He was disqualified from first place. Runner-up Felice Gimondi was declared the winner.
He has tweeted about the speculation around current Tour leader Chris Froomeand has been riding along some of the Tour de France stage routes on a charity ride.
Let me say from the outset that I abhor doping in cycling. My writing on the issue should make that clear. Nevertheless, I feel it is an interesting question and discussion point, and worthy of some consideration.
A related question of course is, will Lance Armstrong ever be forgiven by the world of cycling? From the support he gets on social media and in other public settings, it seems a great many cycling fans and people generally have already forgiven him.
But will the sport of cycling ever do so? There is something about the culture of cycling that continues to tolerate and celebrate past cheats and dopers.
Evidence of this can be seen in the long list of past dopers and Tour de France riders who have either tested positive, confessed to doping, missed doping controls, or received sanctions; and yet have been forgiven or celebrated in the sport in some way.
Consider the following names, and how they are regarded today: Need I go on? Regardless of what you might say about the above individual cases, the conditions around certain cyclists being accepted back into the fold are worth thinking about.
Why are some people forgiven, but not others? Is it due to timing, personality, or strategy or something else?
The Lance Armstrong case is different in nature and magnitude, sure. The popular view seems to be that he was the worst doper of all time. And he did other distasteful things along the way too. But, would our assessment of Armstrong be different if we tallied the positives from his time, or applied a cost-benefit type analysis to his career?
Even the most ardent critic of Armstrong would have to agree that his impact on cycling and the cancer community was positive and significant in terms of profile raising, motivation and inspiration, and economic returns through uptake of cycling, sales of bikes and equipment, and fundraising.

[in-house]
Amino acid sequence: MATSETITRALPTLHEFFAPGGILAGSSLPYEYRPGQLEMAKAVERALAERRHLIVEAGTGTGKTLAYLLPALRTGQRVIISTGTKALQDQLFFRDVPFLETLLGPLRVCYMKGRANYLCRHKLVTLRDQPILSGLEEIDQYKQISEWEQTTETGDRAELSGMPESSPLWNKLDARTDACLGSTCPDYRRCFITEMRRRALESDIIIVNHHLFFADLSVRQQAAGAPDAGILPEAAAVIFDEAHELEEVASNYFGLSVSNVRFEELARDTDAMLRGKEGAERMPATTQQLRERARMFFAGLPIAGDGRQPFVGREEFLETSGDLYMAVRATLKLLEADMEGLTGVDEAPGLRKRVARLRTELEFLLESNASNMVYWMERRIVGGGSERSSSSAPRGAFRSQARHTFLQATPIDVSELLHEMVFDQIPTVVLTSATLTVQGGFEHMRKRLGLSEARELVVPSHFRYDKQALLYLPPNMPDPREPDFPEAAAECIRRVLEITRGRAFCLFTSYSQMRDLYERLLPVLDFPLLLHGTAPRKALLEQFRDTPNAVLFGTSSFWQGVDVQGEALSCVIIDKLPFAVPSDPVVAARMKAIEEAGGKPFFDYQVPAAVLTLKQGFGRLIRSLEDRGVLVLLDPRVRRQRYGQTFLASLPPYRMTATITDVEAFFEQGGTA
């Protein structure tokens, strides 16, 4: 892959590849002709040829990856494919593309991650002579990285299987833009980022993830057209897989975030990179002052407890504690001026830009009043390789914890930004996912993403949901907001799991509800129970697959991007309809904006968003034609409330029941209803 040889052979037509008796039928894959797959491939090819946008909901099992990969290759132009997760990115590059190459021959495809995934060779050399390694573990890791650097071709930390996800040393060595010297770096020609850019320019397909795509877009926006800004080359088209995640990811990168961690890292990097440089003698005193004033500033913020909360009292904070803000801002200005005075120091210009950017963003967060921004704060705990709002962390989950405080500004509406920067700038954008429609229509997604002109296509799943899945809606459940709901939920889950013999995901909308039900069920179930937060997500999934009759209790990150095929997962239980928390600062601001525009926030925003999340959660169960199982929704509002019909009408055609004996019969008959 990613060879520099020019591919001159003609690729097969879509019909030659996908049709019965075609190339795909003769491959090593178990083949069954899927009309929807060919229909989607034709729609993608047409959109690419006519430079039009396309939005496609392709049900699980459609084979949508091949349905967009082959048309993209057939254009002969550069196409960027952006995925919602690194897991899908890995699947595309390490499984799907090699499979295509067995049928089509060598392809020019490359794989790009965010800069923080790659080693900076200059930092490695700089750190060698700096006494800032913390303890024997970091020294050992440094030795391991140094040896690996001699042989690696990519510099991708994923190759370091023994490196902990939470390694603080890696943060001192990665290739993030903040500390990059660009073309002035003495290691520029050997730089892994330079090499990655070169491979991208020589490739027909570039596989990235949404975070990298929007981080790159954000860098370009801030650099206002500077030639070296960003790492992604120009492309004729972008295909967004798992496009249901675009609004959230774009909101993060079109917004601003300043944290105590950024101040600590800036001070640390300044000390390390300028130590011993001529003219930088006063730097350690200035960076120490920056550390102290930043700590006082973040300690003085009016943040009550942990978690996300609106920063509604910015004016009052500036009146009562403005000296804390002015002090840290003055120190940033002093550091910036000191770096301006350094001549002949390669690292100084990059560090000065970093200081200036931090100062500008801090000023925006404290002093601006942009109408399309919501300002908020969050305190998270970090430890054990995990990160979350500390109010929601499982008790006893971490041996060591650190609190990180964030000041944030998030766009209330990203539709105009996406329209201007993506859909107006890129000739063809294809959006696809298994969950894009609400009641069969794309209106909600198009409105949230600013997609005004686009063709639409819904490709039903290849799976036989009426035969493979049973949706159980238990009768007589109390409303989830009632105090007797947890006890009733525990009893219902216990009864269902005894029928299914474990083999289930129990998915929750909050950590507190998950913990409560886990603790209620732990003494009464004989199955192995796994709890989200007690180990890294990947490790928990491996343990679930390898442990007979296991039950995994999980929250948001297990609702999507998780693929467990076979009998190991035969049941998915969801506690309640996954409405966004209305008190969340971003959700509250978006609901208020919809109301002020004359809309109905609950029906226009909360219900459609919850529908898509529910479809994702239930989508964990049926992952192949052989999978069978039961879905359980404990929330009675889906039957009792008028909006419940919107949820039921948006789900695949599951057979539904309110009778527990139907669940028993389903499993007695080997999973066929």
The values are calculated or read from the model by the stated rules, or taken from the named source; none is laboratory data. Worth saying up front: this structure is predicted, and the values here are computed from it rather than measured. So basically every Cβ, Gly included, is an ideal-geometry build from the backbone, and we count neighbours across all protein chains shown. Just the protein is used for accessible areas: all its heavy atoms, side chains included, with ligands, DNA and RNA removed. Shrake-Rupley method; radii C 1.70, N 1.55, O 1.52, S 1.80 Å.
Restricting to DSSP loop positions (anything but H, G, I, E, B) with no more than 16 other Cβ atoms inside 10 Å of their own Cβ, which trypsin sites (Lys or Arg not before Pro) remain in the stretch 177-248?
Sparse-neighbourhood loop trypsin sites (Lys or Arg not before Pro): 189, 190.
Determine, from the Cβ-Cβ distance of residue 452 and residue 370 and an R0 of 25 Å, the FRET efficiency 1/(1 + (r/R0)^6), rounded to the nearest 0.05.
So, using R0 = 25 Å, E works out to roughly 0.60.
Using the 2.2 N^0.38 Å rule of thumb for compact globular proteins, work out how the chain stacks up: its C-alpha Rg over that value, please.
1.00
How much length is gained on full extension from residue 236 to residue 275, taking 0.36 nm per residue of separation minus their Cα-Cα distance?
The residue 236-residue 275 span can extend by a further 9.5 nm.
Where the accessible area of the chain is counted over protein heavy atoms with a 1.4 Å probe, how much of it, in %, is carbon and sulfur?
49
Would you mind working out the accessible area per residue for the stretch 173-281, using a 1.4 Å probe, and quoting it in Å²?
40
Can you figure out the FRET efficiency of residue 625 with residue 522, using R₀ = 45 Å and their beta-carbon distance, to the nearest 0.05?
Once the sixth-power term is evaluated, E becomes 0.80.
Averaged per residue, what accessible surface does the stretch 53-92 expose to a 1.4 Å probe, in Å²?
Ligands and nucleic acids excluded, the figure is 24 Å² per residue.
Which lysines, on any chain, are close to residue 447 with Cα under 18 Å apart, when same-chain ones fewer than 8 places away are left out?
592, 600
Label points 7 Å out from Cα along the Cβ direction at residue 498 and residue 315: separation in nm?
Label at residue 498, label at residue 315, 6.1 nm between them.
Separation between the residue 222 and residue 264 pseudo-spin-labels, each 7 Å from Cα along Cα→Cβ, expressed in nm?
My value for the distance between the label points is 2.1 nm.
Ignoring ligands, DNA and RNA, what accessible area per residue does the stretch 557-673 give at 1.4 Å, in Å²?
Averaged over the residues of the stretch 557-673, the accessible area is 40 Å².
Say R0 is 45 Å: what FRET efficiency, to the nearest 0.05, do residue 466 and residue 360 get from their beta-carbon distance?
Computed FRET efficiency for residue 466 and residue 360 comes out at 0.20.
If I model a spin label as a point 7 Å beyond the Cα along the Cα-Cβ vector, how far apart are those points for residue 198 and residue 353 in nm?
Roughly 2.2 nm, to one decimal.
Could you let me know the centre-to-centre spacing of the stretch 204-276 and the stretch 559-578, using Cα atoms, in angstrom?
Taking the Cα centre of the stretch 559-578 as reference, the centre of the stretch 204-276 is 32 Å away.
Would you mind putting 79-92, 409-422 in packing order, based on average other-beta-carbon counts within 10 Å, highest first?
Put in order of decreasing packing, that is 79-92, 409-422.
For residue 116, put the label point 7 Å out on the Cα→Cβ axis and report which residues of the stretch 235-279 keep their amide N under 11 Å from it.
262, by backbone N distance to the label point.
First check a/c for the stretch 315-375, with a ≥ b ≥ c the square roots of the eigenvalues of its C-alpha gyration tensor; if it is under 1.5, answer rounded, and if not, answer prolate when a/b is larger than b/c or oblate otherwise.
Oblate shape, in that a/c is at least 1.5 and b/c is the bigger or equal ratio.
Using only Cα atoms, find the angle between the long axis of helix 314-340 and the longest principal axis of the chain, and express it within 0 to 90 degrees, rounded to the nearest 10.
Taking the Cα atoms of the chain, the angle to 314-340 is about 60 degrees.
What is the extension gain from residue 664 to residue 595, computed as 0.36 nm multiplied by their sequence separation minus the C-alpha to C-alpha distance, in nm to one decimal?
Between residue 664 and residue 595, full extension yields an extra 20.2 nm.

How would we even begin to assess that? But the above equation does help to make an interesting point. Even without knowing the exact figures to plug into such an equation, I think it is reasonable to assume that the net impact of Lance Armstrong has been positive in dollar terms.
It also seems possible to me that if Armstrong were a drug, an active living, or public health intervention of some type, his effect size would probably be huge. This could be measured say by impact on cycling participation, or related quality adjusted life year QALY indicators, or even the health improvements for the cohort who started cycling because of him i.
Of course, these are just hypotheses. I could be wrong. He is not going away. But what are we to say of all the good Armstrong did for the profile of cycling and cancer research?Apr 20, · WASHINGTON — Lance Armstrong just avoided a trial that could have ended with his financial ruin.
He reached a settlement of $5 million, the amount his lawyers offered the federal government. During his first retirement, Armstrong focused on the Lance Armstrong Foundation, which supports people affected by cancer, and on other interests.
He was the pace car driver of the Chevrolet Corvette Z06 for the Indianapolis Aug 24, · Lance Armstrong; A numbered, limited edition print signed in thin silver paint pen by 7 time Tour de France Champion Lance Armstrong.
The photograph is of Lance Armstrong on the fable Champs Elysees cobblestones in Paris, wearing the Tour de France victor’s Yellow Jersey. In , the sports world simply witnessed one of its premier athletes performing at his peak, an athlete who appears to be strengthening his position at the top of his sport, a position he seems destined to hold for as long as he chooses.
Watch video · Born on September 18, , in Plano, Texas, Lance Armstrong was raised by his mother, Linda, in the the suburbs of Dallas, Texas. Armstrong was athletic from an early age. In LeMond was one of the first professional cyclists of note, and the only former Tour champion, to openly express doubts over the legitimacy of Lance Armstrong's three-consecutive Tour successes.